Scholars of African theatre in general and Theatre-for- Development in particular will definitely find the technique of dramaturgy that Masitha Hoeane employs in scripting Mama Mudu's Children relevant in delineating contemporary issues. In reviewing the play, I look at the following aspects: patronage, thematic considerations, technique and relevance. The play is partitioned into five scenes, plus a prologue, an interlude and an epilogue, which do not only serve the purposes of prefacing, providing an interruptive deviation from the main subject or creating a witty conclusion to dramatic ekstasis respectively, but which also illustrate how Hoeane has used the play to unravel tensions which are intricately linked to one another and to the characters as they attempt to seek answers to the major question of the play, i.e. the absence of Ubuntu in a contemporary Edladleni society. The tragi-comedy dramatic style of Mama Mudu's Children is embedded in the language employed as it unravels the characters’ motives, which when deconstructed denounce condescending human behaviour. The language pattern reflects agency, yet with idiomatic expressions that particularly cite xenophobic tendencies, rendering the Edladleni society a paradoxical space of dwelling.
The play chronicles the life of Mama Mudu, an elderly female character, who is caught between protecting her family and the larger Edladleni community from violence, crime and poverty, and protecting migrants from other African countries from prejudice and xenophobic attacks. Although she ends up raising the consciousness of the society against absurd killings of defenceless inhabitants of Edladleni irrespective of where they come from, she loses her grandson, Lulu, to gun violence. While Mercy, a migrant from another African nation is brutally murdered by a mob in what is clearly a xenophobic attack, her father, Sam, barely escapes with his life, while his kiosk rages with an engulfing flame torched by the same mob.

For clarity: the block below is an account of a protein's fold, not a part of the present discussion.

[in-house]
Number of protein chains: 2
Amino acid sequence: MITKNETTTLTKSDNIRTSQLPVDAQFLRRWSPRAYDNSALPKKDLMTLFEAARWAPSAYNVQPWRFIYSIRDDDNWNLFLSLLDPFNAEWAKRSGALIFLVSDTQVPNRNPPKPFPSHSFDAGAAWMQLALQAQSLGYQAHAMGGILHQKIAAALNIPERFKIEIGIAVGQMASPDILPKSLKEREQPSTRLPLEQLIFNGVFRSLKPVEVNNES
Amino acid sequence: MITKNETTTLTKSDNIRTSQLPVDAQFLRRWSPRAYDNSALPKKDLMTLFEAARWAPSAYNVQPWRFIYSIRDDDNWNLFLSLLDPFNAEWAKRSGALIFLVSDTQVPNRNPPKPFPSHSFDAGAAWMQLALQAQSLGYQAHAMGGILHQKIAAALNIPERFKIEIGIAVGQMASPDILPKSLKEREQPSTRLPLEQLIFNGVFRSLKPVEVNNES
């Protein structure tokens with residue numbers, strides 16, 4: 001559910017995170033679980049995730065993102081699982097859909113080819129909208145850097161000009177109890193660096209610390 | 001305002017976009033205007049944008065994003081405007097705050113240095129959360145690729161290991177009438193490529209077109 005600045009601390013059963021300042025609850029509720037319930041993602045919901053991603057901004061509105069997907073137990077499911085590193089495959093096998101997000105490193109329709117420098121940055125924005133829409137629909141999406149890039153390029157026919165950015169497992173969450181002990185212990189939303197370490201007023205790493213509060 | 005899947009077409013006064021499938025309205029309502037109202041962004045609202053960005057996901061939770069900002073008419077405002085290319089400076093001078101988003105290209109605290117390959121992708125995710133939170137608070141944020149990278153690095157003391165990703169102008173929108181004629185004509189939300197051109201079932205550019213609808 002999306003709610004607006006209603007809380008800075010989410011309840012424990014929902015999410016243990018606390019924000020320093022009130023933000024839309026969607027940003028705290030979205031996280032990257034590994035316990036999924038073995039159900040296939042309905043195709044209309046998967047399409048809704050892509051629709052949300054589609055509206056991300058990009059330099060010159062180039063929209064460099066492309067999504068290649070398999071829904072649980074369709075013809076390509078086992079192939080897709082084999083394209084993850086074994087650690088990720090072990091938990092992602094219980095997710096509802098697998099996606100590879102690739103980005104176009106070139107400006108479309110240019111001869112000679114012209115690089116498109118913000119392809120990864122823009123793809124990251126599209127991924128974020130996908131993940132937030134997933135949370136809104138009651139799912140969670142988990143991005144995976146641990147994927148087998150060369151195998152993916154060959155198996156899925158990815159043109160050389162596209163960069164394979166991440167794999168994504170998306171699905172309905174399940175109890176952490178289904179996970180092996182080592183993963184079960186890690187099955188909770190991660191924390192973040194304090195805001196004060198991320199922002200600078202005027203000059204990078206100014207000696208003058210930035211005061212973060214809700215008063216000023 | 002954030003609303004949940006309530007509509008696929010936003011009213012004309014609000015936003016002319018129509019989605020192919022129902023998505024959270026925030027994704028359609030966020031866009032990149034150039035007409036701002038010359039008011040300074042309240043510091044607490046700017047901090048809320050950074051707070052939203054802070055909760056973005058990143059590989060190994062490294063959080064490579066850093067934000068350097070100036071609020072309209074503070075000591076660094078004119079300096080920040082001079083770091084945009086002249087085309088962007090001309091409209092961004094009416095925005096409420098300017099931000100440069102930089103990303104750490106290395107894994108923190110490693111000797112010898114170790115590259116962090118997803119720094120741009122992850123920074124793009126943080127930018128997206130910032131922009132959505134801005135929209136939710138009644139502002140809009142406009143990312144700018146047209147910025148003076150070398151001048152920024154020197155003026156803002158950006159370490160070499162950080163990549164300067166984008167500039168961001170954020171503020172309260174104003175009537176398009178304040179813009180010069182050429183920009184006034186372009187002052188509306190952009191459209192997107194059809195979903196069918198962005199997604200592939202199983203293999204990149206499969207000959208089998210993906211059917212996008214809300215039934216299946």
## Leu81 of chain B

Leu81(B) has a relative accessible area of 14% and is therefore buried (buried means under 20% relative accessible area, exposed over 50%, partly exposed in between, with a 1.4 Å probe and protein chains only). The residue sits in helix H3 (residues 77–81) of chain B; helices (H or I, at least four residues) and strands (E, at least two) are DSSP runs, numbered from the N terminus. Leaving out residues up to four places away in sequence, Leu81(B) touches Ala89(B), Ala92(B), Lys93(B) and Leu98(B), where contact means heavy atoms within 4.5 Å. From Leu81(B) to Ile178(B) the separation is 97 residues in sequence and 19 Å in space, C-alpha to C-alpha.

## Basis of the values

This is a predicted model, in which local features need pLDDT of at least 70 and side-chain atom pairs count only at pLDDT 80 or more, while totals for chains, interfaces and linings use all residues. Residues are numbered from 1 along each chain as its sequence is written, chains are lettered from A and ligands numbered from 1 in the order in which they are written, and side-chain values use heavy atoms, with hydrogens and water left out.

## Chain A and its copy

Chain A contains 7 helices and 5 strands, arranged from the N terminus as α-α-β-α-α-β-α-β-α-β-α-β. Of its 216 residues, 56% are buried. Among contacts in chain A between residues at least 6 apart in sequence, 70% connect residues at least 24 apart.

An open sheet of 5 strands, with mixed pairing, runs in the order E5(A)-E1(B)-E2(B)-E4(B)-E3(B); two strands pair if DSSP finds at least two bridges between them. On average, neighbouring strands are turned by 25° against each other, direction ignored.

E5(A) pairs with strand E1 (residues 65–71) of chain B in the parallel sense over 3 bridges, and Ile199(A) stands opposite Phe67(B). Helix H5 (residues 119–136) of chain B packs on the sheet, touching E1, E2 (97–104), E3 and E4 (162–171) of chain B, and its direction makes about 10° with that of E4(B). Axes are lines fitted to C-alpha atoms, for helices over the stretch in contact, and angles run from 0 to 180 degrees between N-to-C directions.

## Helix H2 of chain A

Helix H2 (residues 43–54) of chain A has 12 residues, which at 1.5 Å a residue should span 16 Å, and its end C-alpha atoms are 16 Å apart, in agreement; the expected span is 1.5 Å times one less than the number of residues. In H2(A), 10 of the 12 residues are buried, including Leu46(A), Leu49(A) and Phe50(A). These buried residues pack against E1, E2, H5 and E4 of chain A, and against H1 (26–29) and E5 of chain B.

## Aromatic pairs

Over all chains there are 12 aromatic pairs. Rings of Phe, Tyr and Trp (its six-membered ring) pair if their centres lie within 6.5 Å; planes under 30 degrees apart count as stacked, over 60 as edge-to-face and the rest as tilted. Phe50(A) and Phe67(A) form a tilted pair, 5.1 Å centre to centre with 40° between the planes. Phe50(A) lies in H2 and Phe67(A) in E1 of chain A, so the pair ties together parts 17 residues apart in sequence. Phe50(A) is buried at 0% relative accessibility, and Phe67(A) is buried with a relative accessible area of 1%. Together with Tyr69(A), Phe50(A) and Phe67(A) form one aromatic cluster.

A succinct background to the creation of Mama Mudu's Children, provided in the preface and acknowledgment of the play invites comments on the question of patronage in African Performative Arts. I read this play after returning from the symposium, ‘Power to the People?: Patronage, Intervention and Transformation in African Performative Arts’ at Moi University in Eldoret, Kenya, 20–25 March 2018. The symposium provides a platform to reflect on reasons why certain artistic projects, such as Mama Mudu's Children, are commissioned.